The county board of elections shall keep, for a period of 1 year, all of the requests and applications for absentee ballots, all voted absentee ballots, and all
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of the certificates which have been detached or separated by them from said inner envelopes, and all inner envelopes together with their certificates, and together with their contents, which have not been opened because the county board or the County [now Superior] Court rejected them. Specific power is hereby granted to the superintendent of elections in counties having a superintendent of elections and the prosecutor in all other counties to impound all absentee ballots whenever he shall deem such action to be necessary.
It is apparent that these statutes limit the authority of the county clerk to the application process in the case of absentee ballots and that his decisions concerning that process do not bind the county board of elections. The clerk is obliged to send absentee ballot request forms to the board of elections. Pursuant to N.J.S.A. 19:57-24, the board is to compare the certificate contained on the flap of the inner absentee ballot envelope "with the signature and information contained in the respective requests for civilian absentee ballots." The purpose of the comparison, obviously, is to see whether the information on the request form compares properly with the information on the certificate. If it does not, the board of elections, pursuant to both §§ -24 and -31 of 19:57 must reject the ballot, doing so without opening the inner envelope. The power of the board to reject when the information is not comparable is entirely clear.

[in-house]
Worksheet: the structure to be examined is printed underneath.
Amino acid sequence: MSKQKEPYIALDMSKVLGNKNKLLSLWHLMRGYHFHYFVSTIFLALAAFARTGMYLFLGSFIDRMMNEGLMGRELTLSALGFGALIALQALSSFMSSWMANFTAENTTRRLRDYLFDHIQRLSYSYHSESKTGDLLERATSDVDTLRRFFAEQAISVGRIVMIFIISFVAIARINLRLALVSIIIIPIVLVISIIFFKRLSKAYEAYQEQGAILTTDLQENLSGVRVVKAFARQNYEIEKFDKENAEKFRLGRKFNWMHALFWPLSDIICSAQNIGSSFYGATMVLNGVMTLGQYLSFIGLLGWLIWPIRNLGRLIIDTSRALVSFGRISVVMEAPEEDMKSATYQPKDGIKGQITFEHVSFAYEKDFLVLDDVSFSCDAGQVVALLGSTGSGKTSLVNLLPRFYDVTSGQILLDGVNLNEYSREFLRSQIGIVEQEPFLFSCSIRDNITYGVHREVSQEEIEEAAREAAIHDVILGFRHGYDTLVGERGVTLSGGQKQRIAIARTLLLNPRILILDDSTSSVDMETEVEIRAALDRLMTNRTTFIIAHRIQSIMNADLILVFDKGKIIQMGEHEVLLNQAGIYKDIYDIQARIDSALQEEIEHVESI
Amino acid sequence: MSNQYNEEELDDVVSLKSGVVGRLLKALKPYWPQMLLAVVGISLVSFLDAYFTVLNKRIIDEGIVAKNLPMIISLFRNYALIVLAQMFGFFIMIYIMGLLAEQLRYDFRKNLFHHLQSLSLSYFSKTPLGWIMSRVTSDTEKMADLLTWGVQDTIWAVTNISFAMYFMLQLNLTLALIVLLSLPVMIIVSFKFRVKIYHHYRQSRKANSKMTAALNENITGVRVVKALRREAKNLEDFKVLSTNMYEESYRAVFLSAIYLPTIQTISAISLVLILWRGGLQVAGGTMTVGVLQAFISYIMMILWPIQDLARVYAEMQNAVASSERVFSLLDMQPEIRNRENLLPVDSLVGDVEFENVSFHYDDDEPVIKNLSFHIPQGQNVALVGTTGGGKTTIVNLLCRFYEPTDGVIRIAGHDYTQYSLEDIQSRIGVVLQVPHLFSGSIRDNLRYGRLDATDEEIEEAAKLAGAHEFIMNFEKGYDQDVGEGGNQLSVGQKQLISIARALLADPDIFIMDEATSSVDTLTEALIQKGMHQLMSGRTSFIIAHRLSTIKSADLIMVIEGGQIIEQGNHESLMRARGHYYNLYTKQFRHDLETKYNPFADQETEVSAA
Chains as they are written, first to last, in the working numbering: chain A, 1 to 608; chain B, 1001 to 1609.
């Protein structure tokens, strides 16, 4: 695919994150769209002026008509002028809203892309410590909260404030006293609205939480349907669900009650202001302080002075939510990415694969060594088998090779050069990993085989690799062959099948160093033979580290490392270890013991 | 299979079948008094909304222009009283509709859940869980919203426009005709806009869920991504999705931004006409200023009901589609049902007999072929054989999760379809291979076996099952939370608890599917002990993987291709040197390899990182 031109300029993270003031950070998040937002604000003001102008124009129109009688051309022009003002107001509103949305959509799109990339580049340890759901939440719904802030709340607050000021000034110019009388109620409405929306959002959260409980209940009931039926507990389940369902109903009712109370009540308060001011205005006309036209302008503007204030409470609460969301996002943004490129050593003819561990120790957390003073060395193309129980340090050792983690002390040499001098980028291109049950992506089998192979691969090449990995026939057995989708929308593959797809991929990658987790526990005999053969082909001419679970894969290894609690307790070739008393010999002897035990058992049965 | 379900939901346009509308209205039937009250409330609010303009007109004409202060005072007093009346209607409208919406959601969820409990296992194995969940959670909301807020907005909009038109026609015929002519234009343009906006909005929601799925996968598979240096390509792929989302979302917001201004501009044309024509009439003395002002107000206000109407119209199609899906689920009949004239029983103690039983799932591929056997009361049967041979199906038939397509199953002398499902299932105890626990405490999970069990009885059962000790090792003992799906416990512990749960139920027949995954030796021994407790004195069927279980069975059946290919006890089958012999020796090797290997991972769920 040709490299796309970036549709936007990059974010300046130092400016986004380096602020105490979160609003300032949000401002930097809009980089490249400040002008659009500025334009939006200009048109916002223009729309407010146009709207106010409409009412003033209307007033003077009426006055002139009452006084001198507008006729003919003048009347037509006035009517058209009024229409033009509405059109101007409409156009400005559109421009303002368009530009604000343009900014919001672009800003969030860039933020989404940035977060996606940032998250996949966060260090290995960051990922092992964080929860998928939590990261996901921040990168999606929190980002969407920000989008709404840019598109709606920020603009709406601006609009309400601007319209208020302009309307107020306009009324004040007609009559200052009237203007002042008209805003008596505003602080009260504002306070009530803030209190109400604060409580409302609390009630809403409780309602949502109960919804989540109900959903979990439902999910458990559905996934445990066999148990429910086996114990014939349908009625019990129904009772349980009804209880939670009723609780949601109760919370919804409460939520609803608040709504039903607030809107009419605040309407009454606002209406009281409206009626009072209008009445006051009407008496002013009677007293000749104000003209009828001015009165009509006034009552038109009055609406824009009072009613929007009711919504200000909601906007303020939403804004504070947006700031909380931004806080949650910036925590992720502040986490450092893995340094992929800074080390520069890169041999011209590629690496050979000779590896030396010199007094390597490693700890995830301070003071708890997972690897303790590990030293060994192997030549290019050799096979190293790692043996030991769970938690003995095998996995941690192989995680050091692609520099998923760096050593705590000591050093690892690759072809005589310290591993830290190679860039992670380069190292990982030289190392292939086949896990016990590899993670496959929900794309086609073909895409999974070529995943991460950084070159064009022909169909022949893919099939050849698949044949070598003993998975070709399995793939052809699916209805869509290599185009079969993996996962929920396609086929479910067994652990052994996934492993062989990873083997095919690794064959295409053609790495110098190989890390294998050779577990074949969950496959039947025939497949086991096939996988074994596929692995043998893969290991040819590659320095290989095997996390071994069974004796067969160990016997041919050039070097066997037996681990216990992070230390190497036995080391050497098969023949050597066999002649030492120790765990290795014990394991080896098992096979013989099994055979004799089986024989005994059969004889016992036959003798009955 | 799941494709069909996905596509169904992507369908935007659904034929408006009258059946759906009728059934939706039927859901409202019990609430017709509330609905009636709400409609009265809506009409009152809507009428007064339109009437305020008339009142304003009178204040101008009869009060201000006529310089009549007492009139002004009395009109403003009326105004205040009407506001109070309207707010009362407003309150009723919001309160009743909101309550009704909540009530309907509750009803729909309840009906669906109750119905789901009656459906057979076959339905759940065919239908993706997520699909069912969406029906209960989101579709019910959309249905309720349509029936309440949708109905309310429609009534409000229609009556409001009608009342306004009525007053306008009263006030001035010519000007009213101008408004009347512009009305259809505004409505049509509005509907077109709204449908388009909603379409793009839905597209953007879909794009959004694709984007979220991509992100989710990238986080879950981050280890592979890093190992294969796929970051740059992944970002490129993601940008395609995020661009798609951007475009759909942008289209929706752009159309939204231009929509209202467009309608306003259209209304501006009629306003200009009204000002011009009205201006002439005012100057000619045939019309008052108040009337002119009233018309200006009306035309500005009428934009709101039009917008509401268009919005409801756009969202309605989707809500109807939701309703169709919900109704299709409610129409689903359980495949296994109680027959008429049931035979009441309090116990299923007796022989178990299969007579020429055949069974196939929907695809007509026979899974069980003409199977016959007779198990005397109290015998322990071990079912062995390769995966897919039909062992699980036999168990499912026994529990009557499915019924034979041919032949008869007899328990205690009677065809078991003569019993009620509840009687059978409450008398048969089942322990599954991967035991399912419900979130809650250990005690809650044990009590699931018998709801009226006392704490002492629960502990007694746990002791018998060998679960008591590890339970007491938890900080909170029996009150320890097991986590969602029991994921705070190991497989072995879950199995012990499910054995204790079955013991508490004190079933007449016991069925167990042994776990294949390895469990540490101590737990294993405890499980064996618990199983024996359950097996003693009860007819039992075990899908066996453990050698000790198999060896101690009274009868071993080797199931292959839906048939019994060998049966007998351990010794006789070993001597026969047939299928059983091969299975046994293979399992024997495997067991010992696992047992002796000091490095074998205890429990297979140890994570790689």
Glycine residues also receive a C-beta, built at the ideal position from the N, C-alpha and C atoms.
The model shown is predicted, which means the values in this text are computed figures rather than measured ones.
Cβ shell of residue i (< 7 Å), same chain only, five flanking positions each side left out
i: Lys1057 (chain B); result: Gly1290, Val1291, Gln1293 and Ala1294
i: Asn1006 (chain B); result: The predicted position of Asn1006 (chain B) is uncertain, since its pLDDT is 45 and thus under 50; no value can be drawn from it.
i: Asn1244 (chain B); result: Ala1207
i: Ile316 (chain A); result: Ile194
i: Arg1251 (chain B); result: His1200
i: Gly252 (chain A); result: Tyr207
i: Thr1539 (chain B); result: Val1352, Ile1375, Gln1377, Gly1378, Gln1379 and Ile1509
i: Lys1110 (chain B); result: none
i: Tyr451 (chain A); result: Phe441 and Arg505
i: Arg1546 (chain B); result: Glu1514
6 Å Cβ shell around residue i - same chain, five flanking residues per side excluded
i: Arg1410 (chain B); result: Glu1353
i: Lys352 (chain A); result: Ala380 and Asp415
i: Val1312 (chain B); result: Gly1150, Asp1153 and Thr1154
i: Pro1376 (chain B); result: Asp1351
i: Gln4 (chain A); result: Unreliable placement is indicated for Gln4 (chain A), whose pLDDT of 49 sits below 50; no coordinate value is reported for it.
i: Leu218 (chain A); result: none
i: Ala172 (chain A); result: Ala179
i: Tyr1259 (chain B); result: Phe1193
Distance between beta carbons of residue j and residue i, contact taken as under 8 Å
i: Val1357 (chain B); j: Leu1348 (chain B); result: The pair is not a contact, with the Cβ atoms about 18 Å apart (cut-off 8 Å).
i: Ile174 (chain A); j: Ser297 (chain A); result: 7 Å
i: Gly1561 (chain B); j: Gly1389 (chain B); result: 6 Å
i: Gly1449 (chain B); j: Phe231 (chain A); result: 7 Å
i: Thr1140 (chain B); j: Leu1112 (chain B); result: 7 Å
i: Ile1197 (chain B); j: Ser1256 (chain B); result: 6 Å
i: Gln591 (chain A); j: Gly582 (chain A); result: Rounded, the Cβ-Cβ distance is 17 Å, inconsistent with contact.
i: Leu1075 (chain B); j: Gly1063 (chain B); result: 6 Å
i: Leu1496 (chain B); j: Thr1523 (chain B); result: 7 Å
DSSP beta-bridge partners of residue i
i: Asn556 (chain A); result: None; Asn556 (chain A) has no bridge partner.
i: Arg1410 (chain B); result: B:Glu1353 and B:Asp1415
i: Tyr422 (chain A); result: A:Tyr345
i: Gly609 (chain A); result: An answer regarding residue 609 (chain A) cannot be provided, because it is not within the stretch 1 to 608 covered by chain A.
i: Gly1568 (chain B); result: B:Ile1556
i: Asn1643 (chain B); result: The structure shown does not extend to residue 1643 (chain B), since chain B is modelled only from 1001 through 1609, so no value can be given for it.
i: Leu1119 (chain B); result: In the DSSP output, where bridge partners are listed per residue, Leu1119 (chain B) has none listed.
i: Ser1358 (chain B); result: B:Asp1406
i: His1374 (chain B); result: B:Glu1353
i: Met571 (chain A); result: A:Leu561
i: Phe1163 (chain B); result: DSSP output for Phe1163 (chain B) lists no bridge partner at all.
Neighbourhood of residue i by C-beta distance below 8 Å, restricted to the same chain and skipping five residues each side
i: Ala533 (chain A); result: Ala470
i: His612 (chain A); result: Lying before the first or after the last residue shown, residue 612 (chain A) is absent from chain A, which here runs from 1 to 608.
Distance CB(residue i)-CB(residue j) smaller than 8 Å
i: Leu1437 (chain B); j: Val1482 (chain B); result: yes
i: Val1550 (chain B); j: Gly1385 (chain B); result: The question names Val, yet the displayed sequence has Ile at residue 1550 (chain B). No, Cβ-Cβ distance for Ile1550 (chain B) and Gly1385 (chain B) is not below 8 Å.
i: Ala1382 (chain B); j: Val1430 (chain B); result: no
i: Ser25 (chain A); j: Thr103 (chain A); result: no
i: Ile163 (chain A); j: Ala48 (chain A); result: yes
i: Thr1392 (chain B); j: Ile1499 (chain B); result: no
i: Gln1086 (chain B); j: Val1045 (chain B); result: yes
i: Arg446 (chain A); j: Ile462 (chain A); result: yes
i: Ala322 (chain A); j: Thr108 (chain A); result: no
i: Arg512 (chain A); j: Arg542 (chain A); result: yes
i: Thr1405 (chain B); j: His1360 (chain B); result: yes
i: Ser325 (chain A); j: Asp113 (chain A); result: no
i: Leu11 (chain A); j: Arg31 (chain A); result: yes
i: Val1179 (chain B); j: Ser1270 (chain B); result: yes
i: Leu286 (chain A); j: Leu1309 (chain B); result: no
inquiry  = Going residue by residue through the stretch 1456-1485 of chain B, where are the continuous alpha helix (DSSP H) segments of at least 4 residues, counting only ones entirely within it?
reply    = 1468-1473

The clerk argues that the board, under 19:57-24, is limited to comparing the information contained on the inner flap certificate with the request form. The information on the certificate consists only of the name, home address, municipality and signature of the absentee voter plus the signature of an assistant if the voter is "incapacitated." Thus, according to the clerk, the board of elections is not to consider any deficiencies in the request form which does not deal with matters referred to in the certificate. Even if that argument were correct, it is apparent that a procedure so limited would require the rejection of an absentee ballot when no reasons were provided on the request form. The certificate must contain the signature of any person who assists an incapacitated absentee voter. The fact of disability must be set forth on the request form as a reason for requesting an absentee ballot. Unless that reason is